The American Automobile Association(AAA)’s third-annual survey of American consumer attitudes about electric vehicles found that even though many expressed interest in them and 16% said they are likely to buy an EV for their next car, few are buying the electric powered vehicles available now. The AAA survey data also indicated consumers lack knowledge about EVs even when they express interest.
“Today, more than 200,000 electric cars can be found on roads across the country as almost every manufacturer sells them,” said AAA director of Automotive Engineering and Industry Relations Greg Brannon. “But, like other new vehicle technologies, Americans don’t have the full story and that could be causing the gap between interest and action.”
One sign of a lack of consumer education about electric vehicles was that while 40% believe that most cars will be powered by electricity by 2029, an earlier AAA survey about autonomous vehicles found that more than half of the population believes most vehicles will be able to operate without drivers in the same year.
Generational factors figure in whether consumers are more prone to consider an EV for their next vehicle purchase, whether new or used. Millennials (23%) are more like to buy an EV than Generation X consumers (17%), and both younger generations far exceed the proportion of Baby Boomers (8%) who expect be in the market for an electric car, truck, or SUV.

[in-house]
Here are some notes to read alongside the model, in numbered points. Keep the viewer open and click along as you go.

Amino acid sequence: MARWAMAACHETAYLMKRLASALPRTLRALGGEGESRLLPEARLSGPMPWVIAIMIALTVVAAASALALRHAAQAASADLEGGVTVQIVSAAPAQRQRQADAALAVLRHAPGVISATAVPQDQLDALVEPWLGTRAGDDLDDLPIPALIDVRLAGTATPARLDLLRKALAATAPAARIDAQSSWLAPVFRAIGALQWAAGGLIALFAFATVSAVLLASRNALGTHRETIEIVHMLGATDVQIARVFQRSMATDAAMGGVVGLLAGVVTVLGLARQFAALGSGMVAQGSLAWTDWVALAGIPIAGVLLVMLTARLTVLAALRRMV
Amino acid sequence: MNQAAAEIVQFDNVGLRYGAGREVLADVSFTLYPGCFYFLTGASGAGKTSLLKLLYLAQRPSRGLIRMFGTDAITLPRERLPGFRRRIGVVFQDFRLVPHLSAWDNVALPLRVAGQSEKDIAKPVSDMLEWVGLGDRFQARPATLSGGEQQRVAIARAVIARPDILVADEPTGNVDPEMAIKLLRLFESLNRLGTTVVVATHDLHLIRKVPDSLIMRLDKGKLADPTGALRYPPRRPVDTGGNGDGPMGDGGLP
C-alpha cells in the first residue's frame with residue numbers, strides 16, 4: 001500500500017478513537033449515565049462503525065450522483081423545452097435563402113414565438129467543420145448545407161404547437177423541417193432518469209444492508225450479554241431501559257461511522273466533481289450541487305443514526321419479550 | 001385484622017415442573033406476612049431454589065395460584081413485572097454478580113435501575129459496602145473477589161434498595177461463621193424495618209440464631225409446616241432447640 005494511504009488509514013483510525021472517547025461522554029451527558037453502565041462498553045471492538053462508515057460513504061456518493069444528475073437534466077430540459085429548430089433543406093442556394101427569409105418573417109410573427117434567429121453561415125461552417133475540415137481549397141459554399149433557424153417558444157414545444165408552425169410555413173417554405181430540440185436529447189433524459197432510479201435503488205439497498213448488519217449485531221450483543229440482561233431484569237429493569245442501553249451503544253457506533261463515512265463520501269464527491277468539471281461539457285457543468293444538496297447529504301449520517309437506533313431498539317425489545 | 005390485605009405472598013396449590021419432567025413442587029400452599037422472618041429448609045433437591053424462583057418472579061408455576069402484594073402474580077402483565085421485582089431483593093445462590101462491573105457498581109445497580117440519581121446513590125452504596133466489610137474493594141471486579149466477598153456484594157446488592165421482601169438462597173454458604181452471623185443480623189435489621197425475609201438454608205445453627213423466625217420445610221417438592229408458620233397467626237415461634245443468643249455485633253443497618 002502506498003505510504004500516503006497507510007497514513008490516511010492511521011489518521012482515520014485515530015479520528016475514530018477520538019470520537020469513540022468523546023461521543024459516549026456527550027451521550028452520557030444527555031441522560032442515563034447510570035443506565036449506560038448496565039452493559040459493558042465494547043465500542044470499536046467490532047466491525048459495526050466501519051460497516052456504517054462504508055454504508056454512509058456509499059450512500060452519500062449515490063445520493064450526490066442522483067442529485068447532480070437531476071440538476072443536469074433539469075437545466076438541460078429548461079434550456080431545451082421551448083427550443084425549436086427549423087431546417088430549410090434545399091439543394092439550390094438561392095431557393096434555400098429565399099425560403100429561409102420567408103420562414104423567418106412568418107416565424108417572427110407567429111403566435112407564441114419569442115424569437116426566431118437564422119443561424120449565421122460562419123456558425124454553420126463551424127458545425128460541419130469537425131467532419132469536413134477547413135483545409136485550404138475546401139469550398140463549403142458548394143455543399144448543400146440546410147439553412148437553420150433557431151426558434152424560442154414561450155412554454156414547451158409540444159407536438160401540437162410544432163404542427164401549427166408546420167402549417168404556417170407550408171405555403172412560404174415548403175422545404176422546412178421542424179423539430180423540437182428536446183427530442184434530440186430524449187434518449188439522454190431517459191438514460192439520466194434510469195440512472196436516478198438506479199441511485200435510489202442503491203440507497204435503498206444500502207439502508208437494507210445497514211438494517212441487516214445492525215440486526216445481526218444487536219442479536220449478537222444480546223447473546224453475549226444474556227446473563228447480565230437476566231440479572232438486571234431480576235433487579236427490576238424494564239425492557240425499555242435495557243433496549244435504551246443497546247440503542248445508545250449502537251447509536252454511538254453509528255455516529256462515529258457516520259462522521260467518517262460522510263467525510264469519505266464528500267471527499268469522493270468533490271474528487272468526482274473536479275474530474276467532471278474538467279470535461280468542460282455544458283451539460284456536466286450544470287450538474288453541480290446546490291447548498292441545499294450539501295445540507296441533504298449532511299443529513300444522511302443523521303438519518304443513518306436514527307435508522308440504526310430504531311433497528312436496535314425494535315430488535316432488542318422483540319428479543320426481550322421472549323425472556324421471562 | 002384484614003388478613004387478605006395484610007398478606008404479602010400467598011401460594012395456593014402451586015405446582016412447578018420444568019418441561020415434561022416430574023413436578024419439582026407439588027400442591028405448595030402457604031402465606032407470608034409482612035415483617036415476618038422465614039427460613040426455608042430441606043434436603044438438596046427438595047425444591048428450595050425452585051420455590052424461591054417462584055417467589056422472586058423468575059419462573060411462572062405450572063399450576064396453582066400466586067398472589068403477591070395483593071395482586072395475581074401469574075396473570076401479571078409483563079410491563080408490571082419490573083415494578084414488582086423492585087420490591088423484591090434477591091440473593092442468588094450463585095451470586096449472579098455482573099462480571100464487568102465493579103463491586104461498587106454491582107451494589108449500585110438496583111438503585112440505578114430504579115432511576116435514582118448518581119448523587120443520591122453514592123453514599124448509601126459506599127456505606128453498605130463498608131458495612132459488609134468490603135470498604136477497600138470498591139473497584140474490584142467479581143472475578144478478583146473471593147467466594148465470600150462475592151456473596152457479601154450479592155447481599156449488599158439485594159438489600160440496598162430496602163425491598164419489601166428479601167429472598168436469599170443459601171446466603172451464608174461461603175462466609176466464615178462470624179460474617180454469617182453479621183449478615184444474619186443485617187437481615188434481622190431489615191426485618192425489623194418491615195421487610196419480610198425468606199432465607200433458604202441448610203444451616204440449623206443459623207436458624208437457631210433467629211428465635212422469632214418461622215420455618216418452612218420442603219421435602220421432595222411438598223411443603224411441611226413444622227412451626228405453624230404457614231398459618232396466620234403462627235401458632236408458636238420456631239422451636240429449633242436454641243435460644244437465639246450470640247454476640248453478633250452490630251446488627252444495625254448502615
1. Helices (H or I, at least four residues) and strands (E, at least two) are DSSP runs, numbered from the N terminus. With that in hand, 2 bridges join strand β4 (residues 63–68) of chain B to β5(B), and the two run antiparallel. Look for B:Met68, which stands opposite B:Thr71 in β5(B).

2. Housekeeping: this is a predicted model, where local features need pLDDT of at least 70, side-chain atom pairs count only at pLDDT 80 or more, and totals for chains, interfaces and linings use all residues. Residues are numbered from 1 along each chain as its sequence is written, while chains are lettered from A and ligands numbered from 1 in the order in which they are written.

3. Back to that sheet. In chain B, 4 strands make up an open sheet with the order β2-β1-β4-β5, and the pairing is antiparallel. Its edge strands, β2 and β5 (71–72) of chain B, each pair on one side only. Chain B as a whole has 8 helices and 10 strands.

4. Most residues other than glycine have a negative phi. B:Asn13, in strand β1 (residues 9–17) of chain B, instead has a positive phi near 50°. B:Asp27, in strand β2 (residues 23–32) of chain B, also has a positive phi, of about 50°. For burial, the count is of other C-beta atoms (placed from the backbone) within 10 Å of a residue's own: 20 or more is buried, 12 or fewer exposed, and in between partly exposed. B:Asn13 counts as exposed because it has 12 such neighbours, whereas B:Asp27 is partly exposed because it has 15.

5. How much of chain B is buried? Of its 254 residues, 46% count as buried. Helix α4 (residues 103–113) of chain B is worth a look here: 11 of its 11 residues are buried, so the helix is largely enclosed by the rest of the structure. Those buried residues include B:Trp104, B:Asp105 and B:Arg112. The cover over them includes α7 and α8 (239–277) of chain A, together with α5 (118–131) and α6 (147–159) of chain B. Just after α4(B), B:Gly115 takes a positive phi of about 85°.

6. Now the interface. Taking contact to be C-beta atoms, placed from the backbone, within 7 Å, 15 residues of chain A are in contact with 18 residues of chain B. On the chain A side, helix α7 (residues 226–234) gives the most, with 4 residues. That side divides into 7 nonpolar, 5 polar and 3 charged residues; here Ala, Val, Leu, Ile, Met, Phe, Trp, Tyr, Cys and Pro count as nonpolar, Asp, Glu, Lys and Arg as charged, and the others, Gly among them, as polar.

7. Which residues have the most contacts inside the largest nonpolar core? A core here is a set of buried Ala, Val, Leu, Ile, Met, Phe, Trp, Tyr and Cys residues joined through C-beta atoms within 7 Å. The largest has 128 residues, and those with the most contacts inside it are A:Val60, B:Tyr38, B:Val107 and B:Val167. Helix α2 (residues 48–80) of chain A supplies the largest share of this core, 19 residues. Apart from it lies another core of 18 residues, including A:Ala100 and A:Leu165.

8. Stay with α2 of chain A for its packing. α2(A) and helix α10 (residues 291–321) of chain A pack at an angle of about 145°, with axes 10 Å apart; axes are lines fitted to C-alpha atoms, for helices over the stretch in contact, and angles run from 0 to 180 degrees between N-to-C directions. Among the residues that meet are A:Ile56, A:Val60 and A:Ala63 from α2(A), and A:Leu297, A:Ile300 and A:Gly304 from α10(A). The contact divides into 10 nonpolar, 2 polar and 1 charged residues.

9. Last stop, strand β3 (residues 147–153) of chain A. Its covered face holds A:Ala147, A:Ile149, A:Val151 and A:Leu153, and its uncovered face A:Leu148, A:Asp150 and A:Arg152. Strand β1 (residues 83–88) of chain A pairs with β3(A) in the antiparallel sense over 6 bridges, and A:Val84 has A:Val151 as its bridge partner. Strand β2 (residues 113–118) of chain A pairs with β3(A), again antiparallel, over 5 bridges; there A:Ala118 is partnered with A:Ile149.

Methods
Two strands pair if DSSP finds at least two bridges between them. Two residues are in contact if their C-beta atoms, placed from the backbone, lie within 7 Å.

Among consumers who are inclined by purchase an EV, concern for the environment was mentioned most often (74%) as a critical factor. Survey respondents could choose more than one influencing factor. Other important reasons Americans would consider electric vehicles were lower long-term costs (56%), cutting edge technology (45%), and access to the carpool lane (21%).
Among consumers who would likely not buy an EV or who were unsure, the most frequent reasons were not enough places to charge (58%), concerns about running out of charge while driving (57%), and driving ranges that were not suitable for long road trips (57%).
The AAA survey of 1,000 interviews conducted from April 4-7, 2019 included cell phones and landline calls with adults 18 and older. The survey results were balanced by age, gender, geographic region, race/ethnicity, and landline versus cell phone-only communicators to represent the U.S. continental population accurately.
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